Percent of babies affected
Develops during infancy
The long-term effects
Importance of early prevention
Help prevent Flat Head Syndrome
As you know, babies are fragile; their heads are very soft and malleable during the first months of life and their necks are weak. And like their parents, babies have preferences for how they like to sleep.
During the first six months of life, a baby’s head can develop a flat spot due to constant pressure on a specific area.
What’s the root of the problem?
Babies these days are spending more time than ever on their backs.
Ever since the Back to Sleep program recommended that babies sleep on their backs to avoid Sudden Infant Death Syndrome (SIDS), babies now spend the majority of their time, both awake and asleep, on their backs.
Whether they are resting in a crib, a carrier, a stroller, a bouncer, a play mat, a car seat, or nestled in the crook of your arm, babies’ heads will be resting in their preferred position, flat against a hard surface.
The more time babies spend lying on their backs—and these days it’s quite a bit— the more likely they are to develop a flat spot where their heads press against the mattress, car seat, or floor.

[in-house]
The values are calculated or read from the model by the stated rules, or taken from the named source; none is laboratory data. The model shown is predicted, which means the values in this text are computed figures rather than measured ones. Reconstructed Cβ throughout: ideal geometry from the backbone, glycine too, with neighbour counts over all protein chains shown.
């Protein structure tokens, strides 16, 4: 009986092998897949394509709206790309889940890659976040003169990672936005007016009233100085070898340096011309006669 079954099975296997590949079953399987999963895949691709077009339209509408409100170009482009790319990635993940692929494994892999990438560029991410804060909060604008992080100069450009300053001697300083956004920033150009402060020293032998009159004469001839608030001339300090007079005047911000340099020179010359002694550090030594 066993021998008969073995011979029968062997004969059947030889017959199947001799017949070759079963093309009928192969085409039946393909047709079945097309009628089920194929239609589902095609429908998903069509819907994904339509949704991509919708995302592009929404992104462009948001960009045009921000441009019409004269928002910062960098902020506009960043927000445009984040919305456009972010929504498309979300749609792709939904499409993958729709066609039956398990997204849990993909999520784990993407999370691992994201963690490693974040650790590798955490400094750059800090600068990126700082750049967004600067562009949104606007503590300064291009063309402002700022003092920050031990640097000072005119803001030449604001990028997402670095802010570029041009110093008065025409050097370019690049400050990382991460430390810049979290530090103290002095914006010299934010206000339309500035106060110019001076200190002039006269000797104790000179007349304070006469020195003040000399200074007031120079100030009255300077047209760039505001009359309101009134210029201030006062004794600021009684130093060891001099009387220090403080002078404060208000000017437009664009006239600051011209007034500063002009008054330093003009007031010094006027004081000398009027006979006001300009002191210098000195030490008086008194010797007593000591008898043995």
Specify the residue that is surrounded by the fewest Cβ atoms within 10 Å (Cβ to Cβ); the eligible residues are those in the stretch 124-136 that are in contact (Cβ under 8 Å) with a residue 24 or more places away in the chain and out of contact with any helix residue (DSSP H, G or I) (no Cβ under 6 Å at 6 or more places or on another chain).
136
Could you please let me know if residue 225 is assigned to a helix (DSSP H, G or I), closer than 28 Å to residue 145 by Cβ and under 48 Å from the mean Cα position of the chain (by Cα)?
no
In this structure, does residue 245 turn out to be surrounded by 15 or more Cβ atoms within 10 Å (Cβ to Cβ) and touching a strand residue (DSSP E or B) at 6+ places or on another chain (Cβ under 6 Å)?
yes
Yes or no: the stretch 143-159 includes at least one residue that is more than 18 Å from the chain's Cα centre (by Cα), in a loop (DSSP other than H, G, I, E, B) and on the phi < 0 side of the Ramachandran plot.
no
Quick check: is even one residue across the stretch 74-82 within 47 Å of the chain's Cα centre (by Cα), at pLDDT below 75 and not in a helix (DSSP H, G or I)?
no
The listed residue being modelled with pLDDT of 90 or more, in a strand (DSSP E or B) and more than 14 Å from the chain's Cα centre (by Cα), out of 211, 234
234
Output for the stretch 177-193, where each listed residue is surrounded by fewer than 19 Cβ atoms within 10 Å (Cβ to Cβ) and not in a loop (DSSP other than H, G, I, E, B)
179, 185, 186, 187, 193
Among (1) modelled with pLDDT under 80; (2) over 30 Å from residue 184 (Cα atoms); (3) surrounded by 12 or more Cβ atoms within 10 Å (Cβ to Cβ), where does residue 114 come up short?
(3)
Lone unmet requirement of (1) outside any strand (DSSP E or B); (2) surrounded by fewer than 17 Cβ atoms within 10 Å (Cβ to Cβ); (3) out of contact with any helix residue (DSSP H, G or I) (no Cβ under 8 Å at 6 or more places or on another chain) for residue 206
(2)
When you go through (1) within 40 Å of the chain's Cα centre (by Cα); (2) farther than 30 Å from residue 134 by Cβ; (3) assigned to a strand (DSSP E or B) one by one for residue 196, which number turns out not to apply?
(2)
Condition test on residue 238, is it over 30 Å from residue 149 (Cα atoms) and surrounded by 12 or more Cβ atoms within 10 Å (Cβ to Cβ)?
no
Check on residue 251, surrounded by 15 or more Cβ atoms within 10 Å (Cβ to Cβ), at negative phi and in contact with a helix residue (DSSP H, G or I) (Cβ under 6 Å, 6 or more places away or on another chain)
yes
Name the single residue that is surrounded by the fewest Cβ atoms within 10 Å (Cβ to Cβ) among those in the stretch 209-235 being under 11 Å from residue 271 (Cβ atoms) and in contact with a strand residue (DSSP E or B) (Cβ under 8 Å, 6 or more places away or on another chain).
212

The long and short term effects of Flat Head syndrome
While it is not necessarily dangerous in itself, Flat Head Syndrome can cause an assortment of medical issues down the line, including cognitive delays, motor delays, and visual impairments, and frequently results in babies developing several problems:
These particular medical conditions can result in a baby developing various other medical problems down the line, which is why it’s so vital to prevent Flat Head Syndrome from occurring in the first place and to attend to it as soon as it evidences.
While working as a mother, neonatologist, and pediatrician, Dr. Scott witnessed first-hand the proliferation of Flat Head Syndrome and its associated medical issues. This inspired her to create the Tortle, a head repositioning beanie that helps to combat Flat Head Syndrome by periodically changing your baby’s head position, and thus preventing her from resting her head on one spot for too long.
Dr. Jane is an advocate for healthy movement and deliberate repositioning of an infant’s head from birth, as these actions are key to healthy development.